Each apartment also has three bathrooms, so residents never felt rushed while using the facilities. “We wanted to make sure they didn’t feel the need to hurry. Some of the residents are transitioning and they need extra time in the bathroom, and we considered that when we laid out the apartment,” said Chou.
Privacy, naturally, was paramount in the design of Residence. The entrance of the building is low and set back from the street, and there’s also a large outdoor terrace in the backyard so residents don’t feel exposed. Additionally, there are large railings on the roof to prevent suicide attempts. In an unnerving statistic, between 5% and 10% of LGBTQ+ youth have attempted suicide, a rate 1.5 to 3 times higher than non-LGBTQ+ youth.
Success of the Bea Arthur Residence
According to Roque, there’s a “great deal of pride” in the Bea Arthur Residence from the young people who are impacted by the Ali Forney Center. “It’s our building, it was designed by us, there’s a lot of thoughtful spaces, the community has really come together around it,” he said.
The young people who live at Bea Arthur are often there for two years, but their program with the Ali Forney Center is longer.
“The first step is low engagement; we want the young person to focus on their mental and physical health. Eventually they’re referred to a conditional living program, like the Bea Arthur Residence,” said Roque. “To qualify for this, they have to be enrolled full-time in school, have full-time employment, or a combination of the two.”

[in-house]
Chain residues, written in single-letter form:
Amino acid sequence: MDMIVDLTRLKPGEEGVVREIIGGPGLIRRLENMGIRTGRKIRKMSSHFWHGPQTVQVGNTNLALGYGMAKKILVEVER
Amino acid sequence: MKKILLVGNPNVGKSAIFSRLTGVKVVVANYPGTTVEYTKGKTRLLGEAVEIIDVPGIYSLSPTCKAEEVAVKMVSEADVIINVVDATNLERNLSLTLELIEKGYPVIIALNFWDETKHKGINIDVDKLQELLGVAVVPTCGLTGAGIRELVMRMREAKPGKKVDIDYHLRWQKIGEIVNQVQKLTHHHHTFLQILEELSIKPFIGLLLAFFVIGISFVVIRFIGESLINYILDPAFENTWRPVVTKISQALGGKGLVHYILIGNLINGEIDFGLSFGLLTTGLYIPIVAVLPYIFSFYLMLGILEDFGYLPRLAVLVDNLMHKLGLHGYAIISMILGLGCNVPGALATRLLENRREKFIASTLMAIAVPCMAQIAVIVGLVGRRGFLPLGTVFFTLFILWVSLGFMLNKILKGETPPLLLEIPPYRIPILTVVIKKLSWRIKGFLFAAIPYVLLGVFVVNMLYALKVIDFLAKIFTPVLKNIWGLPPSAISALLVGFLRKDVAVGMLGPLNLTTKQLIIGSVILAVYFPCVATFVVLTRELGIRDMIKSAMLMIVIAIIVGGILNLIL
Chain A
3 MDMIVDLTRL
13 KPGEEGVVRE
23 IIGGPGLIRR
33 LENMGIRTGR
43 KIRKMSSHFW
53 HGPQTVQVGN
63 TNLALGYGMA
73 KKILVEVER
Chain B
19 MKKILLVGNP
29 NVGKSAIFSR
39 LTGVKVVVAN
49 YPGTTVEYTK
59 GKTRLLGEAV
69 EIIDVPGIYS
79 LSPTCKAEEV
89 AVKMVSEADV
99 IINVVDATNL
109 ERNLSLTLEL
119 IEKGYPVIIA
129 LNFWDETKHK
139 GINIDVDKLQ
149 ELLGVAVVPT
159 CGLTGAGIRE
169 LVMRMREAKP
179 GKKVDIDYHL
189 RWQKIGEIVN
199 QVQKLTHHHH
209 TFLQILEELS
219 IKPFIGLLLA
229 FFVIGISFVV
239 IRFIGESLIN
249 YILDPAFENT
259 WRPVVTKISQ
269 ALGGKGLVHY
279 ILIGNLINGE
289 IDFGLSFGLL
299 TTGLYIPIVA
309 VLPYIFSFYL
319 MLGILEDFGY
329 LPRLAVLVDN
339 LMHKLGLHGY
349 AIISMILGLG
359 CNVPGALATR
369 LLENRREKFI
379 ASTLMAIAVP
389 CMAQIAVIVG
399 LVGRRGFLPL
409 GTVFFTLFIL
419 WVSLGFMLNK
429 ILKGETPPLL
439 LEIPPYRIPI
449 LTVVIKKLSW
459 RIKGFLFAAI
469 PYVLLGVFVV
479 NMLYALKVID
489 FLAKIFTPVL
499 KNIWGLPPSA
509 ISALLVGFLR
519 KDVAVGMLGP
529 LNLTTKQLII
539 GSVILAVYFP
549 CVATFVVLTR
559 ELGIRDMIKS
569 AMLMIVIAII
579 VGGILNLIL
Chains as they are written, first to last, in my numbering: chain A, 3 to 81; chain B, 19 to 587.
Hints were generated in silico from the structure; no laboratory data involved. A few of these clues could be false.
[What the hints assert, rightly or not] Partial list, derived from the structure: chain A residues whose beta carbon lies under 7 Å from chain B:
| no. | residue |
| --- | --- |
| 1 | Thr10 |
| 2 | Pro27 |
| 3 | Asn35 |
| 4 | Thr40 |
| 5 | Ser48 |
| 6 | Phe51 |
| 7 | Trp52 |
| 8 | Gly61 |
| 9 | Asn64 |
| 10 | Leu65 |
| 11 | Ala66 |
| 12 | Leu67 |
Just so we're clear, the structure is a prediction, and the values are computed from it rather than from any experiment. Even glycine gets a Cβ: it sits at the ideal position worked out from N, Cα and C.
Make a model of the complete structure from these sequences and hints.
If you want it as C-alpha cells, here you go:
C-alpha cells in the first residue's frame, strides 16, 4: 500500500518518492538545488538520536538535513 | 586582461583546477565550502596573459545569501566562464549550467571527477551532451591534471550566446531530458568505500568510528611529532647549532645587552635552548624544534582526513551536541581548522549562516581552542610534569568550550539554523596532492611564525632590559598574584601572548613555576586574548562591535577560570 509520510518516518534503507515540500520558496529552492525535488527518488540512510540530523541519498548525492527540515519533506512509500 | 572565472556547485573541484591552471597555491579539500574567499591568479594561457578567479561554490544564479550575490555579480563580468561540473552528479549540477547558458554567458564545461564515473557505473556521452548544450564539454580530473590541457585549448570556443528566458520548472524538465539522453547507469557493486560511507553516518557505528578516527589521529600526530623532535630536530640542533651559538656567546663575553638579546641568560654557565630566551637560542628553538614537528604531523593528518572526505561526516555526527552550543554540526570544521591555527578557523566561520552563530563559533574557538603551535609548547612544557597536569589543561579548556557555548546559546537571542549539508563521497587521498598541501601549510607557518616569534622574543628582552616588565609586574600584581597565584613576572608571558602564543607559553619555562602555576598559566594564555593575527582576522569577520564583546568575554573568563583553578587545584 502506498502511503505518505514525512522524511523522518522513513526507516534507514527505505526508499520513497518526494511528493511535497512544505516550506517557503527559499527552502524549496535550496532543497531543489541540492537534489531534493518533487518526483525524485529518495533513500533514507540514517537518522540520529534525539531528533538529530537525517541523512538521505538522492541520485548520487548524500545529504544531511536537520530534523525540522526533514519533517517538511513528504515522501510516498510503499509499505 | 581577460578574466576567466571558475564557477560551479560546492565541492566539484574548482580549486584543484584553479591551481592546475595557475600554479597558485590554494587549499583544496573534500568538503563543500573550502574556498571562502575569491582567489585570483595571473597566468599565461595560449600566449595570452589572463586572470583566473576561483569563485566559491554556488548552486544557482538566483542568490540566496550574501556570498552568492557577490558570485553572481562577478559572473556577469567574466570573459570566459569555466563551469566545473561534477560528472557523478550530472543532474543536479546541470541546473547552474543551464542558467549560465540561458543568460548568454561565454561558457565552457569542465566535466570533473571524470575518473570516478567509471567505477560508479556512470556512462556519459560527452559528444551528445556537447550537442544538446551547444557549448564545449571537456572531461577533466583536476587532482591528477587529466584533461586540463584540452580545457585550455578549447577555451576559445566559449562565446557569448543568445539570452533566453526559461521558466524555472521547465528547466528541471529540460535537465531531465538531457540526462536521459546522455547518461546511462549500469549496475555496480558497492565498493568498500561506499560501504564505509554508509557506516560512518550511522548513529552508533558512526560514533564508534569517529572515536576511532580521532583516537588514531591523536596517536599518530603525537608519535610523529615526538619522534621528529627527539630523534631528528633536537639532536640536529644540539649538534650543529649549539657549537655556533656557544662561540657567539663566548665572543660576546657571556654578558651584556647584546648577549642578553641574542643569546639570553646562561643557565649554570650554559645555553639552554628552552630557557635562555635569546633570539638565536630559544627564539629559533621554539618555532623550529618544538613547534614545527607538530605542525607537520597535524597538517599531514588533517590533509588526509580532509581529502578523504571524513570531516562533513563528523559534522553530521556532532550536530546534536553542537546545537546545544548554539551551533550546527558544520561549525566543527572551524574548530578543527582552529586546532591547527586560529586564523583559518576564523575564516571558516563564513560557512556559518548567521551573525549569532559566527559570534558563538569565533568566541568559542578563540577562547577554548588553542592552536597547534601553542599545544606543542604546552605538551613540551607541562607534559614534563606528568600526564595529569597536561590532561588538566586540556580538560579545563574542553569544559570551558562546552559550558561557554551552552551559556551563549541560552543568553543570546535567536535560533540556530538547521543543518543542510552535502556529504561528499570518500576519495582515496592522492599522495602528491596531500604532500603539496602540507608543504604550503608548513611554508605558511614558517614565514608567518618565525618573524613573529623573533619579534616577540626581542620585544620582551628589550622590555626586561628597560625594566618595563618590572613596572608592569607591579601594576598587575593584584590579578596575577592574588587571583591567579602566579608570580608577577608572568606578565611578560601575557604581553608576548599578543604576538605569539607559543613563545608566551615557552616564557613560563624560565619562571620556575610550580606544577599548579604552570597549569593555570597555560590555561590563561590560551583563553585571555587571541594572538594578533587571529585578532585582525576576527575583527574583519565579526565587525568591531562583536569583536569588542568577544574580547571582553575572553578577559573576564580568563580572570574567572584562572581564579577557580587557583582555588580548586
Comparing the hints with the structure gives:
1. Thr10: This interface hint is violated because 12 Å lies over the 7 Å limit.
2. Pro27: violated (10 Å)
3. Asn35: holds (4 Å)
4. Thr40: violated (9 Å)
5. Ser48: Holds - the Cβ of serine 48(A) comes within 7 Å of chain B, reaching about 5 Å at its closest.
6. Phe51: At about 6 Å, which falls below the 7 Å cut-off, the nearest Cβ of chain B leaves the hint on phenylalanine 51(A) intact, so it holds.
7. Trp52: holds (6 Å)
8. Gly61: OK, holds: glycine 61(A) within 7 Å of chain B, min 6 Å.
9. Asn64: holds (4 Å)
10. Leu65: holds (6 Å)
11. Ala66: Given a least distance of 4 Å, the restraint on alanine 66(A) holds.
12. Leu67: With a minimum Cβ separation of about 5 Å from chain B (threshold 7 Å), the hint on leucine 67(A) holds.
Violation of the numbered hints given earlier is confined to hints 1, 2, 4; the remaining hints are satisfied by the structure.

The program is designed to have residents move out and live on their own after two years in conditional living. The first six months of that two years is very hands-on, with the Ali Forney Center helping youth grow finances, establish credit, and manage interpersonal relationships both on and off site.
After that, the program’s structure tries to pull back. “We want to take off the training wheels,” said Roque. “We help them with additional support they need, be it mental health or life skills. We offer all this onsite at the Residence and at our drop-in center that they have access to 24 hours a day.”
The second year sees the Ali Forney Center bringing in life coaches for the youth who live in the Bea Arthur Residence to t help them with a 12-month timeline to move out and figure out what their next steps are. Throughout this process the residents are paying rent based on their income. That money goes into a savings account which they receive back at the end of their stay, so they have some financial stability.
“There are so many beautiful displays of community resilience involving the Bea Arthur Residence,” Roque added. “When young people graduate out of Bea Arthur, they leave letters for the new people who are taking the bed they occupied. They leave hints on how to use the space best, when the best time to use the washing machine might be, or what the garden means to them.”
The residence also hosts many community events and holiday dinners. Young people from other sites across the city often gather there for parties in the backyard where they share food and experiences.
“In many ways the Bea Arthur Residence is the heart of our agency and one of the greatest points of pride at the Ali Forney Center,” said Roque.